Boadicea Warrior Queen
Boadicea, sometimes calle Boudicca, was a Warrior Queen who caused havoc among the roman legions in Britain in the first century AD.
Boadicea was born into aristocracy in the year 30 AD. Her marriage to Prasutagas, the ruler of the Iceni tribe in East Anglia, produced two daughters. The Iceni lived in round, wooden houses with thatched roofs and walls of mud and straw or, wattle and daub. Most of the Iceni grew their own food and made their own clothes but the richest bought wine and other luxuries including jewellery and animal furs from Gaul and Italy.
Life among the Iceni was very desirable compared to other tribes as their women could enter a number of professions, as well as having legal rights, especially in the area of marriage, and have rights of redress in case of sexual harassment.
They could govern, they took prominent roles in political, religious and artistic life, and even became judges and lawyers. They could own property which marriage could not deprive them of; they chose when they wanted to marry and, more importantly, who they wanted to marry. They could divorce, and if they were deserted, molested or maltreated, they had the right to claim considerable damages.
The Romans invaded Britain in the Spring of 43AD, when a force of 40,000 landed in Kent. They defeated a force of Britons led by Caratacus and began to over run the South-East of Britain. Caratacus escaped and fled to Wales where he set up a resistance base. Later that year the Roman emperor Claudius arrived in Britain with a large army. They took Colchester (Camulodunum) and eleven tribal Kings surrendered to the Romans. Claudius appointed a governor of Britain before returning to Rome.
The Romans continued their conquest of Britain, and by 47AD had conquered the whole of Southern Britain and claimed it as part of the Roman Empire. By 50AD, London (Londinium) was founded a bridge was built across the river Thames and a network of roads was built across the south of Britain.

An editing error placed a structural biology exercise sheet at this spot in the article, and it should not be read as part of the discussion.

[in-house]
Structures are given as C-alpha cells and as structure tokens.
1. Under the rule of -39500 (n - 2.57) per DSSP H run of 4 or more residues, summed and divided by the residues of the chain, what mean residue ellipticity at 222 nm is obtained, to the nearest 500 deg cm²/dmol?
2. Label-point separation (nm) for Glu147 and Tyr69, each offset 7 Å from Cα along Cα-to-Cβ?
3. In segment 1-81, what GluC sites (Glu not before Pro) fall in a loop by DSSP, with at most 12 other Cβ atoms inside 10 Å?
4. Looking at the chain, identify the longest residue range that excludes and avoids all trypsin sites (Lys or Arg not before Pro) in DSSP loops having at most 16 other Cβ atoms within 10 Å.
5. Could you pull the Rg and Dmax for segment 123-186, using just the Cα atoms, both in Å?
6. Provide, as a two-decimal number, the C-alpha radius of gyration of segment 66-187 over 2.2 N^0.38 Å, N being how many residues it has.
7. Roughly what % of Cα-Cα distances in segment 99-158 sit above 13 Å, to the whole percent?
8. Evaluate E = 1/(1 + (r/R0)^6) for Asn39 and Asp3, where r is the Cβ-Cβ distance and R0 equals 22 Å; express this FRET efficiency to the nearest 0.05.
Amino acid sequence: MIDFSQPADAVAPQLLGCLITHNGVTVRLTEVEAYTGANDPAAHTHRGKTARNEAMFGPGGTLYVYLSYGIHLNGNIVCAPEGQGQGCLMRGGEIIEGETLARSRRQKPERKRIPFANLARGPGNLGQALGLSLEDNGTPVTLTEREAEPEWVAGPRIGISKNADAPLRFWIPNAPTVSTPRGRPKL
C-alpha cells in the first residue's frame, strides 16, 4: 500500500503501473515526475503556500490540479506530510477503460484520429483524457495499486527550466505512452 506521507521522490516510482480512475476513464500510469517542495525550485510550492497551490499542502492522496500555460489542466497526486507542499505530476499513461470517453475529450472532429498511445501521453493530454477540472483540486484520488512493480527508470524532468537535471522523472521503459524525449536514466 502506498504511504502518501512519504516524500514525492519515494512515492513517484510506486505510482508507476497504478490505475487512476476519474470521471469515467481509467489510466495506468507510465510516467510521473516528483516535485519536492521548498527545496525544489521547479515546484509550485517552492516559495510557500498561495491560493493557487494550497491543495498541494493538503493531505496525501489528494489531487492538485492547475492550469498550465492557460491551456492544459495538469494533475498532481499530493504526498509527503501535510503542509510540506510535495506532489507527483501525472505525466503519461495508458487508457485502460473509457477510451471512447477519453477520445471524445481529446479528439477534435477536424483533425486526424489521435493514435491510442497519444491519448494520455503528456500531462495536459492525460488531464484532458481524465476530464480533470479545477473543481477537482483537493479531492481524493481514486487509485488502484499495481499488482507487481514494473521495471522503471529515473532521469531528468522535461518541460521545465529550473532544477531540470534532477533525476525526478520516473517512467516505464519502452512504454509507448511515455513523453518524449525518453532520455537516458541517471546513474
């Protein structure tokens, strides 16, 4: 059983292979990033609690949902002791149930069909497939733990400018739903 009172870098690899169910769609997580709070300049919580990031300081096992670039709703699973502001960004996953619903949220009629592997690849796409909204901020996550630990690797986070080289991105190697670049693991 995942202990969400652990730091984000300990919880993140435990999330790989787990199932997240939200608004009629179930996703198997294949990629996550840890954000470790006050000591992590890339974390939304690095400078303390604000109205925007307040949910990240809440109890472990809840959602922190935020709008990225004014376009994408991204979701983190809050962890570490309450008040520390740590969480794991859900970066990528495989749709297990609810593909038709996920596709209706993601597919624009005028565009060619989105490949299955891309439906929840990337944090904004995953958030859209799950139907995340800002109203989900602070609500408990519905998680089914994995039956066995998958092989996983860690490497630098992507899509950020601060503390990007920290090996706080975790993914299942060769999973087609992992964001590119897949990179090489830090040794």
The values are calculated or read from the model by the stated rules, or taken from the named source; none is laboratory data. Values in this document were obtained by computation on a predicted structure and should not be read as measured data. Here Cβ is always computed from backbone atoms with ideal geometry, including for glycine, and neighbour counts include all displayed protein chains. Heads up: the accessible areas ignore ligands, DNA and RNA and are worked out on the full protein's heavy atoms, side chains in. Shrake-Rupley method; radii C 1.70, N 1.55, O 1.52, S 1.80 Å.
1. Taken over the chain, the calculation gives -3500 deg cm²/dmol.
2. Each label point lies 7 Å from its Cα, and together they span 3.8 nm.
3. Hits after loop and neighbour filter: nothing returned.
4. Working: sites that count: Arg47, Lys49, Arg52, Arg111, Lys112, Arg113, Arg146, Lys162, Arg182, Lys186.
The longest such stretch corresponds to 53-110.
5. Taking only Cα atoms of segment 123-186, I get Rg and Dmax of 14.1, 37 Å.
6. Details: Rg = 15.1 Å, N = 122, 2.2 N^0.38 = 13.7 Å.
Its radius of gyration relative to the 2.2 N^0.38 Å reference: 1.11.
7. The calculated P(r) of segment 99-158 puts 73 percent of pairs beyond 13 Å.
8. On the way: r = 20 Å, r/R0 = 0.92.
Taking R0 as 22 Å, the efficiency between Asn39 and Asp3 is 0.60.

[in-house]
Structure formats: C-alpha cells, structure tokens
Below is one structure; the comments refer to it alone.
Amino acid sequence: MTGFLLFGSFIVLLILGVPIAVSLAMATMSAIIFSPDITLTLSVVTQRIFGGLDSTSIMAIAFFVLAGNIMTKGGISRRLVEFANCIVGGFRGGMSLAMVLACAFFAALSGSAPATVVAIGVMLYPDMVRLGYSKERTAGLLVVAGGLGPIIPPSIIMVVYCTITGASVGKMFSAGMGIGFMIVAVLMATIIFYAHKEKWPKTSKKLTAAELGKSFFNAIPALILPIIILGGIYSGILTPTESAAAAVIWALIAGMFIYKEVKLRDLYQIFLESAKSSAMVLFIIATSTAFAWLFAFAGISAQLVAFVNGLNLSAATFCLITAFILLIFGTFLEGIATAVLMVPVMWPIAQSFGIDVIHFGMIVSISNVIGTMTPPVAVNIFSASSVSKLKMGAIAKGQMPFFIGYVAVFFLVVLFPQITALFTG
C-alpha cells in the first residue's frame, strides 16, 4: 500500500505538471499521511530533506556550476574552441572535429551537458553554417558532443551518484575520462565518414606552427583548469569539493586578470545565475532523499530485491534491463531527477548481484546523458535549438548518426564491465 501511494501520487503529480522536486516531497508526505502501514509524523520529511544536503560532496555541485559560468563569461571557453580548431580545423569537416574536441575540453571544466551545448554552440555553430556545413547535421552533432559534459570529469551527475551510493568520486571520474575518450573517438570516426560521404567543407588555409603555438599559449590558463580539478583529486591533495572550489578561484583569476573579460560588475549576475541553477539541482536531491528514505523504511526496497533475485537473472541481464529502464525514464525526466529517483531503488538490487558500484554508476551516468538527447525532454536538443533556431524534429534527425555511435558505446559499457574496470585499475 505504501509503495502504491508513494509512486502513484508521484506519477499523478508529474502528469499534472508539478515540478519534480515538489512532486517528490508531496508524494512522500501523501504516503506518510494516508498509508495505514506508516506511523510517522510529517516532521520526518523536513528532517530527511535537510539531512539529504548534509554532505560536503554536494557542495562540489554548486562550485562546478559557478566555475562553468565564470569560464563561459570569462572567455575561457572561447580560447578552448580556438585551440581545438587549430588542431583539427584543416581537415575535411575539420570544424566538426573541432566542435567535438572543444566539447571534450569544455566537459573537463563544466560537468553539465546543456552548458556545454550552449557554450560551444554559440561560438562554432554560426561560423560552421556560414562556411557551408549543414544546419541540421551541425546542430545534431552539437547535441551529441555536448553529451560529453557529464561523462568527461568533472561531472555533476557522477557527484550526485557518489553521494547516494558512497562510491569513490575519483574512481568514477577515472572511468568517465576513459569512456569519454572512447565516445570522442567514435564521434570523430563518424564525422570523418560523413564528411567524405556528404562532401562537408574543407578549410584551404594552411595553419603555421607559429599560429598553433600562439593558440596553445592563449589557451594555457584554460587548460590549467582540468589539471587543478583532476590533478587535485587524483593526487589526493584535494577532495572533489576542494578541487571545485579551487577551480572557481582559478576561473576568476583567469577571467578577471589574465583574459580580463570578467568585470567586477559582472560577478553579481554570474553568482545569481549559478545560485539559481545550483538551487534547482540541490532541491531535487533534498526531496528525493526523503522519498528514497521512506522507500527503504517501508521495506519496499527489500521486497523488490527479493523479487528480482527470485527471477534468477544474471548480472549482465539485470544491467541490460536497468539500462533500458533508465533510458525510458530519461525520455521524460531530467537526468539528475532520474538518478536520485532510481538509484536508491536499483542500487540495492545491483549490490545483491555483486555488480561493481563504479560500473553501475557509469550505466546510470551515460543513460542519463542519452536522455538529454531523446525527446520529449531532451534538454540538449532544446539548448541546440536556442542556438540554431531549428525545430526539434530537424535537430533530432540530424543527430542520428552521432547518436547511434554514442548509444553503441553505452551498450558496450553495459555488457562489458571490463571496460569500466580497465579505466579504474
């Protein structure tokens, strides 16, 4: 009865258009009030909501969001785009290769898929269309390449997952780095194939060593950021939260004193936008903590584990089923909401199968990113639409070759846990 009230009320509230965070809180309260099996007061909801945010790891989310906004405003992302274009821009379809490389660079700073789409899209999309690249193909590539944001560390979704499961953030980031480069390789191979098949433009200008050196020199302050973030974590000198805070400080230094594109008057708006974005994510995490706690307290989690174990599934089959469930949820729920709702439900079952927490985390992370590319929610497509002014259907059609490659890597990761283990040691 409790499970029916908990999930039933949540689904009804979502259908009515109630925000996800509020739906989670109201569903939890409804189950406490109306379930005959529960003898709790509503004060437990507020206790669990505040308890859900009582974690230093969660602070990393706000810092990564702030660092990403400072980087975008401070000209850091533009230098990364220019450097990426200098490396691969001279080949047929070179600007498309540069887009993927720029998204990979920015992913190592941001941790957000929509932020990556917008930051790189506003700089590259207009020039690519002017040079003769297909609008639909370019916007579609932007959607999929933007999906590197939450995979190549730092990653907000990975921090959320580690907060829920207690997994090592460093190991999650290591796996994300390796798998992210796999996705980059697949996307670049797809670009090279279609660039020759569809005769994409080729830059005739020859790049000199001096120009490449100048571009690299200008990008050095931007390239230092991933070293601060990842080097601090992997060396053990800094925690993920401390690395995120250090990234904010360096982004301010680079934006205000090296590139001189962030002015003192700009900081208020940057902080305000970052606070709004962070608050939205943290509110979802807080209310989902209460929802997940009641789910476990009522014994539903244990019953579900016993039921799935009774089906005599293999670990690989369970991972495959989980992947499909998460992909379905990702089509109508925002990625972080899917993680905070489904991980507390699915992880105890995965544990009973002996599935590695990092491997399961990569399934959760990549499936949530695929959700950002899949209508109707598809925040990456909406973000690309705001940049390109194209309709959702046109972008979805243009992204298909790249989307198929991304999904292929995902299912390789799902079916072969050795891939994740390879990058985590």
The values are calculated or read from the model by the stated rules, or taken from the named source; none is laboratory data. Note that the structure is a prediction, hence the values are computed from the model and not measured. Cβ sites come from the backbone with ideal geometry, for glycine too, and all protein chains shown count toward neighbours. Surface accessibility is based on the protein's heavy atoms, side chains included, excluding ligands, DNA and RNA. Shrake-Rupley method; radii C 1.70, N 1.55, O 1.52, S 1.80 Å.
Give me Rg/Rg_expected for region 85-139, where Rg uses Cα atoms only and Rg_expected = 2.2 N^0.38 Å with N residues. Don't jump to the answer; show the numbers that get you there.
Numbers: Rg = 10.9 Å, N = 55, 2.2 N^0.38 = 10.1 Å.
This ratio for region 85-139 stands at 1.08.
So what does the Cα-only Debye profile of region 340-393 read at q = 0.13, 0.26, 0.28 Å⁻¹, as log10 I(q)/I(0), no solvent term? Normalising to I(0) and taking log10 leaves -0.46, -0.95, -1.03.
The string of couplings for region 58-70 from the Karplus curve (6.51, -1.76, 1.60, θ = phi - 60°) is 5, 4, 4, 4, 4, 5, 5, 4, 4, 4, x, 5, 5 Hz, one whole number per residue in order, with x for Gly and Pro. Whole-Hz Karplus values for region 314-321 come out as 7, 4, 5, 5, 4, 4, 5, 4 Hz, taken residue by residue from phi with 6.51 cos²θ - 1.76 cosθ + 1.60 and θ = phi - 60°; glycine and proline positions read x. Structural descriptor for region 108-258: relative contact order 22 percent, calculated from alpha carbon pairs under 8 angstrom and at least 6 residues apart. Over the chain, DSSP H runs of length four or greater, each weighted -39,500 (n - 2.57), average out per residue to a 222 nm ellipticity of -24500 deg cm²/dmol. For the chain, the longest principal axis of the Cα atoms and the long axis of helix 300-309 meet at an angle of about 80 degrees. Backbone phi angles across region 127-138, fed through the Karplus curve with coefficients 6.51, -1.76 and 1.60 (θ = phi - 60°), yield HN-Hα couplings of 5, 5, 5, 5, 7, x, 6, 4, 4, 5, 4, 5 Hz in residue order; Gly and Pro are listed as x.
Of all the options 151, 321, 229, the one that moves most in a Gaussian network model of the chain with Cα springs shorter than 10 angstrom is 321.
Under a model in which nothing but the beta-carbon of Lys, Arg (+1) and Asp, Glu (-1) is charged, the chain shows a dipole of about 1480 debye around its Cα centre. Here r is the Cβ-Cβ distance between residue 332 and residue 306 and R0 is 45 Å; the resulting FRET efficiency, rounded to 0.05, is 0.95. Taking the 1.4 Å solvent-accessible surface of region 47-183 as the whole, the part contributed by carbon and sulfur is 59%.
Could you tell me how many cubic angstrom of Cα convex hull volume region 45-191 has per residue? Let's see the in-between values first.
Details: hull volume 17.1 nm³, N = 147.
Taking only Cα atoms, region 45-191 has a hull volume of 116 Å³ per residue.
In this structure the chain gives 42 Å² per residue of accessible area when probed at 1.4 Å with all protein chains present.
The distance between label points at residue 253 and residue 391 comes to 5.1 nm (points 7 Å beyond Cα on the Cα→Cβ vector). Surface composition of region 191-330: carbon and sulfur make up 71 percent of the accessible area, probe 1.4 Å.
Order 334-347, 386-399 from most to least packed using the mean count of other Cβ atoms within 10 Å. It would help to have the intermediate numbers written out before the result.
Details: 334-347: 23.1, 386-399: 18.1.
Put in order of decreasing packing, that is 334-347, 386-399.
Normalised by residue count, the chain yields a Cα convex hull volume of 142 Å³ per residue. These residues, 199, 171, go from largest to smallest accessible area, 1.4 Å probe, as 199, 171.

In 60AD Prasutagas, who had signed a treaty with the Romans, died. Boadicia intended to honour the treaty which her husband had signed, the essence of which was that half his empire went to the Romans and the other half to his wife and daughters. The Romans, however wanted the whole of the empire and they invaded, raping and killing. Boadicea was brutally whipped and her two daughters were raped. If this was not enough Boadicea also had to witness the suffering of her people with raised taxes, and forced military service as well as the Romans building a temple for themselves in Iceni territory.
As a result, Boadicea raised a large army and went to battle with the Romans. With up to 100,000 troops, many of them women, she stormed into the Romans.
She has been described by a Roman historian as having a commanding stature and appearance. Long yellow hair streamed down over her shoulders, and her dress was a many-coloured tunic fastened round the waist by a chain of gold.
The Roman governor of Britain at that time was Suetonius Paulinus, but he was in the North Wales island of Anglesey with a large army slaughtering the Druids, who were leading uprisings. Meanwhile, Boadicea with a large force of her own and of other tribes that joined her was trampling all before her. She had one burning ambition - to see the Roman legions slaughtered and driven from the land. She marched her army to Colchester and laid it to waste with fire and sword wiping out a whole legion that came to relieve the garrison there. A weakness of the Romans was that some towns were held entirely by retired soldiers. They were perfectly capable of collecting taxes and quelling small revolts, but a determined force such as Boadicea's was completely beyond their fighting ability. From Colchester her vast force of battle chariots with long knives fixed to the wheel hubs sacked the important Roman centre of Verulamium (St Albans). She then stormed through London, killing any Romans in her path, and reduced it to ashes.
Suetonius Paulinus raced from North Wales back to London, gathering his forces as he went, to enter into battle with the larger force led by Boadicea. The final decisive battle was prepared.
The Romans had only 10,000 men, but they were very well trained and equipped. The Iceni had over 100,000 in their army but compared to the disciplined Romans, they were a rabble.However, the tribes thought it was a fight they would easily win, and they were hugely confident.
Unfortunately for Boadicea, numbers and enthusiasm counted for little against the might of the Roman empire, and it is said that during the battle just 400 Romans died, but 80,000 of Boadicea's army were slaughtered. Boadicea and her daughters escaped death in the fighting, but committed suicide on the battlefield by taking poison because they preferred to die rather than be taken prisoner by the Romans.
The present area of King's Cross in London used to be called Battle Bridge, and it is here that excavations for the present day railway station unearthed evidence of Roman battle equipment. It is here that Boadicea made her last stand, and here, under Platform 10, lie the bones of herself and her daughters.